Equality and the Tale of Two Ginis

Vol 1., No. 10
August 22, 2023
Scott Clearwater, Gridmetrics, Inc.®

The Gini index is often used to measure income equality. However, using PENS resilience indexes we can also apply the GINI methodology to look for inequality with respect to those measures as well. By combining these two Gini measures, income and power resilience, we can see if there is a correlation between income (in)equality and power resilience (in)equality.

The income Gini was derived for a metro area using the IRS population-weighted AGI (Adjusted Gross Income per household) data from 2019 for each zip code in a metro area. For each of the seven AGI income levels ([$0-$25k, $25k-$50k, $50k-$75k, $75k-$100k, $100k+) the mid-point was chosen as the income for that level. For the highest level of more than $100,000 the level was set at $200,000.

The figure below shows the Gini( AGI ) and Gini(1-PXI; X={Outage, Reliability, Quality}) for 2021 and 2022. Recall that we use 1-PXI because PXI is nearly 1 so that 1-PXI has a wider dispersion of “non-resilience” which makes for easier comparisons. The AGI Gini values do not change in this analysis because the income data used was the same in both years and probably did not change much anyway over the course of only two years. Points toward the lower left are lowest in income (AGI) inequality and power non-resilience, while those toward the upper right are highest in these measures. Houston and Miami score poorly on income inequality but in 2021 Houston also fared very poorly because of weather-related events, while Miami did well on power resilience equality in both years. Portland does very well on AGI equality but very poorly on all measures of power resilience equality in both 2021 and 2022. Overall there does not appear to be a correlation between Gini(AGI) and GINI(1-PXI) at the level of metro areas.

Fig. 1 Gini(AGI) vs. Gini(1-P{QRO}I) for twenty metro areas.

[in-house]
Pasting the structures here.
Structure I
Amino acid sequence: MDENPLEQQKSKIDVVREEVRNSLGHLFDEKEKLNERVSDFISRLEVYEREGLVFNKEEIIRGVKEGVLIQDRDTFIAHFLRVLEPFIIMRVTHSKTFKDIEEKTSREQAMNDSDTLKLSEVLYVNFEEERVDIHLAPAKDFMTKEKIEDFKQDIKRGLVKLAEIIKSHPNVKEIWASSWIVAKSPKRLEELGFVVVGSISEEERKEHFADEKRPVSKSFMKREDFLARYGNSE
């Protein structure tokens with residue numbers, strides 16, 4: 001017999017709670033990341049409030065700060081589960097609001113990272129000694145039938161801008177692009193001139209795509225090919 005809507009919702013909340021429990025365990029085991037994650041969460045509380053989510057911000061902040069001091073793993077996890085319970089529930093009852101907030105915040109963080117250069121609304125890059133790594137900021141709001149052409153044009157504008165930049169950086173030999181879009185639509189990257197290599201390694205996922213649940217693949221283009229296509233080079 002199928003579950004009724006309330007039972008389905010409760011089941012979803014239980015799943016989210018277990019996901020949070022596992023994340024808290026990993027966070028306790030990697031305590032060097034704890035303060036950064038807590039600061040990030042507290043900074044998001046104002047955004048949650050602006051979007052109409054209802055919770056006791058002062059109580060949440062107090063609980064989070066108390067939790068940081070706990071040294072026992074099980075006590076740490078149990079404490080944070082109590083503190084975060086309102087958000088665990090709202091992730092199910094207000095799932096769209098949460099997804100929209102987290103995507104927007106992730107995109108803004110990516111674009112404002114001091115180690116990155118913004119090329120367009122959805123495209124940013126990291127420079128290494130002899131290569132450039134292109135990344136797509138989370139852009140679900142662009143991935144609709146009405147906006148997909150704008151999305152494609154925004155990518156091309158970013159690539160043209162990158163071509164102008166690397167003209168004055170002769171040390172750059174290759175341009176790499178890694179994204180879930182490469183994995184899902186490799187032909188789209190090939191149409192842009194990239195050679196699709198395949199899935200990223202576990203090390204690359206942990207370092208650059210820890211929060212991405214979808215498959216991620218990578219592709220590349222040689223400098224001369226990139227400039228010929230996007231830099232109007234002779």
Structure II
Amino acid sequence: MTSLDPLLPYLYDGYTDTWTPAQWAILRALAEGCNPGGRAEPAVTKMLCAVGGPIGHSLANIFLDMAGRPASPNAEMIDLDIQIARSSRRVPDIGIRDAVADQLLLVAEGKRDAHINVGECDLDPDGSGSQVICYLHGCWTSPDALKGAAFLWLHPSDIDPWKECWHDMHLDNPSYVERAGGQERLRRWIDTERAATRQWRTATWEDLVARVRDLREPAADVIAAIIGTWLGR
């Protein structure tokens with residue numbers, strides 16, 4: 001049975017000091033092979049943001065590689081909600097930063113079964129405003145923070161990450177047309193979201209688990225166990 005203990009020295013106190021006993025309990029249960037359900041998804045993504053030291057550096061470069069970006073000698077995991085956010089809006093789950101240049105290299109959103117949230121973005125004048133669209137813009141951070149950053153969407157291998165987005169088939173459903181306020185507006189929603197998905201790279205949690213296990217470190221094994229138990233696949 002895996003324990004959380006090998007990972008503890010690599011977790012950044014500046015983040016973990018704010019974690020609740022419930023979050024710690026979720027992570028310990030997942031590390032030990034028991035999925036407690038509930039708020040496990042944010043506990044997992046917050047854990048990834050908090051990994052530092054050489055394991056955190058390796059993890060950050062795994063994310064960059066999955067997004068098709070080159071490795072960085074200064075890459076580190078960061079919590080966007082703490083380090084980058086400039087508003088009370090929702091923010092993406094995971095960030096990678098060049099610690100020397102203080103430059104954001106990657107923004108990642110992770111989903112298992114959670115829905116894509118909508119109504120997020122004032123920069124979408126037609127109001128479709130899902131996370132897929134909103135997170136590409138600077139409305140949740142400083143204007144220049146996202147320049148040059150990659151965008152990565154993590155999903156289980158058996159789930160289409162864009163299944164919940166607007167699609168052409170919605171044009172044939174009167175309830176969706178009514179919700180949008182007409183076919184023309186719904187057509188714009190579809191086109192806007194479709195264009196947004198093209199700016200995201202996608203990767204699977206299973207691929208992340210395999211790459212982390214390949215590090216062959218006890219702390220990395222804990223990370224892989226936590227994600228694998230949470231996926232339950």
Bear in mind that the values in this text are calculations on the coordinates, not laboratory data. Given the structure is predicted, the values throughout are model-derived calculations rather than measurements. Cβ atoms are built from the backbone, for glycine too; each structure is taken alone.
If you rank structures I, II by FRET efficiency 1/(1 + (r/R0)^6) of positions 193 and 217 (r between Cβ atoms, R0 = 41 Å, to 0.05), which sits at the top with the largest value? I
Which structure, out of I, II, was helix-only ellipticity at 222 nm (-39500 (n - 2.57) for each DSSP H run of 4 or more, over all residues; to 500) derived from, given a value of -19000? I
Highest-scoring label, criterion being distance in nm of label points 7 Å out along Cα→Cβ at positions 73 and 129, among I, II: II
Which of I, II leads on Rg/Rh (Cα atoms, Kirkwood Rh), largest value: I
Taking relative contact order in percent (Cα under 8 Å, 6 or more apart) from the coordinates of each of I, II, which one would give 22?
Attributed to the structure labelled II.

However, the above results beg the question whether there are correlations within a particular metro area and we explore this next. For this analysis we look at the weighted-AGI as before but this time calculating the Gini within each zip code—which is the resolution of the AGI data. Accordingly, the Gini for the power non-resilience will also be calculated over the same zip codes aggregated over a year, in this case 2022. The results are shown in the figure below for selected metros. As with the analysis over different metro areas there is no apparent correlation between the two Ginis within a metro area. San Francisco is a good example of this where the two Gini values are fairly uniformly distributed in both dimensions. Of course, there are outliers. For example, Miami and Atlanta have a zip code with high Gini(AGI) and high GINI(1-PQI) (towards the upper right of the scatterplot) which indicates high inequality in both income and power quality. But, they also have a zip code that has low Gini in both dimensions (lower left dot in figure) indicating high income and power equality.

Fig. 2 Selected metro Gini correlations for Gini(1-PQI) by zip code.

Not only does the Gini of 1-Power Quality Index show no correlation, the same is true for power outages as shown in Fig. 3 for the same metro areas as in Fig. 2.

Fig. 3 Selected metro Gini correlations to Gini(1-POI) by zip code.

While this limited analysis indicates there is not a systematic correlation between power non-resilience equality and income equality at the aggregated metro area, the analysis was able to clearly identify outlier metro areas. Further, the same analysis done at the zip code level within metro areas was also able to identify zip codes that do suffer most from income and power non-resilience inequality. This capability is unique to Gridmetrics data and allows for targeted remedies to the areas most in need, thereby avoiding a possible massive and unnecessary expenditure by a utility that would be passed on to all rate payers.

Next, we explore a geographical representation of under-voltages and AGI at the level of zip codes. This is a direct calculation not involving Gini. This is shown in Fig. 4. The color of the zip code areas gives a range in the number of under-voltages in a particular zip code and the circle gives the population-weighted average of the AGI. This kind of graphic shows how Gridmetrics can identify specific regions that stand out in voltage events and income.

Fig. 4 shows a map from different metro areas with their under-voltage counts and average AGI (population-weighted by mid-point of AGI level). This capability is unique to Gridmetrics. For San Francisco there are no obvious correlations between under-voltages and average AGI. For Chicago note that the worst outage area also has a fairly high average AGI. For Detroit the highest outage areas include both high- and low-income areas. In the Miami area the worst under-voltages occurred in lower-income areas.

Fig. 4 Under-voltage counts by zip code along with corresponding average AGI for a one year period. Color scales are the same for all the plots.

In summary we have shown that within the Gridmetrics coverage area there appears to be no correlation between income levels and various measures of power resilience equality as measured by the Gini coefficient. The analysis was able to show there are outliers that can be targeted for remedial action to bring their power resilience more into line with surrounding areas.

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